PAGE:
Carolyn Lloyd Strobell

Carolyn Lloyd Strobell

1859 – 1940

Carol Lloyd Strobell on the right and her sister Madeleine Lloyd Goodrich on the right. Courtesy of Frannie Huntoon Hall.

Carolyn (Caro) Lloyd Strobell (1859-1940), author and activist, was a loyal member of both the Little Compton Garden Club[1] and the Communist Party, famous locally for her hydrangeas and notorious nationally as owner of the party’s Daily Worker.

Caro summered in Little Compton starting in the 1890s, staying at the home of her brother, Henry Demarest Lloyd, one of the leaders of the American Socialist movement. That house was a center of the movement, with many house guests from the Lloyd’s international circle of friends and reformers.[2] Caro built a small house on Sakonnet Point Road in about 1920.)

Born in 1859 in Pekin, Illinois, to Aaron Lloyd, a minister of the Dutch Reformed Church who had become a bookstore owner, and Maria Christie Demarest,[3] Caro attended Vassar College, graduating in 1881. She moved to Paris, where she attended the Sorbonne, taught school, and wrote articles for The Outlook on topics including “The organization of the Workingwomen of Paris,” encouraging their unionization, and “The club for American girls studying in Paris.“ She returned to the US in 1895. A visit to England 1898 led to an article on “Land Allotments in England.”[4] She was an editor of The Intercollegiate Socialist,  the magazine of the Intercollegiate Socialist Society, writing many reviews and articles with titles like “War Collectivism in England,” “Concerning the German Revolution,” and “Karl Marx.”[5] Other work appeared in The Socialist Review and Leslie’s Weekly. Her essays, often a combination of personal observation and politics, were reprinted in many papers.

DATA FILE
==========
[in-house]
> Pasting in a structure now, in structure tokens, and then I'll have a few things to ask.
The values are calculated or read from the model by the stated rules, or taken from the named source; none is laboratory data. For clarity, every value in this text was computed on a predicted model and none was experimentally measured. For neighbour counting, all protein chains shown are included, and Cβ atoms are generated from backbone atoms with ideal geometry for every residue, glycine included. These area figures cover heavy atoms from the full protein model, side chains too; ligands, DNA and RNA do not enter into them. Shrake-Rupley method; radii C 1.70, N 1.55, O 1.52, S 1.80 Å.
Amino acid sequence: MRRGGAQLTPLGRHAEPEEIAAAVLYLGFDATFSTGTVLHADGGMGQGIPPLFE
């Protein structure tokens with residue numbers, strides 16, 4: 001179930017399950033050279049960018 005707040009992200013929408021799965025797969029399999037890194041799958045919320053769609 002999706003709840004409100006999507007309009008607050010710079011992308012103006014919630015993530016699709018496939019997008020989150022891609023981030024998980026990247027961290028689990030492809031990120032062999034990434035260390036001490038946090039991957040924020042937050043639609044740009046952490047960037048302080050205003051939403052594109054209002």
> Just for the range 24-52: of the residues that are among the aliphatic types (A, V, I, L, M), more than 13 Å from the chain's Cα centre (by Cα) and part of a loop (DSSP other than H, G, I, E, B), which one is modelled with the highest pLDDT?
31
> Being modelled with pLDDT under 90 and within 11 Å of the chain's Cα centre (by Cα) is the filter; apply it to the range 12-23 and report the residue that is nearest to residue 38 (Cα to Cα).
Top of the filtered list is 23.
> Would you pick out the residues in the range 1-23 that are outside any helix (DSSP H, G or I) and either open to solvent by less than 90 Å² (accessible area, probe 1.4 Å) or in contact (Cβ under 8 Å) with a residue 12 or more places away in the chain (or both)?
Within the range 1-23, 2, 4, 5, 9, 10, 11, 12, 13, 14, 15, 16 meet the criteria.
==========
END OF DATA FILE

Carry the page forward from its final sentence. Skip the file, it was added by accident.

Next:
Strobell was a radical and a suffragist. An ardent supporter of William Jennings Bryan in the 1896 election, she wrote “I have wanted to vote so in this election, that I positively have had a feeling of humiliation that I couldn’t.”[6] In 1919 she ran for Justice of the New York Municipal Court on the Socialist party ticket.[7]

She married Lothrop Withington in Paris, a professional genealogist, in 1892, and divorced him in 1910. In 1915 Caro married George Strobell, a jeweler who became the manager of the Socialist Party of America’s Rand School of Social Sciences. He would die­­ in Russia in 1926, working on Soviet farm reconstruction.[8]

In 1912 Strobell published a biography of her brother, Henry Demarest Lloyd, 1847-1903; A Biography. She collected his papers, which are now at the Wisconsin Historical Society.

Strobell left the Socialist party in 1927 and joined the Communist party in 1935, contributing many articles to the party’s official newspaper, The Daily Worker. A family member recalled that “men in dark suits” came to visit her in Little Compton, bringing writing assignments and asking for money.[9] In 1940, at the age of 81, she bought the newspaper along with two friends, also elderly women, to protect it from government attacks on the Communist Party.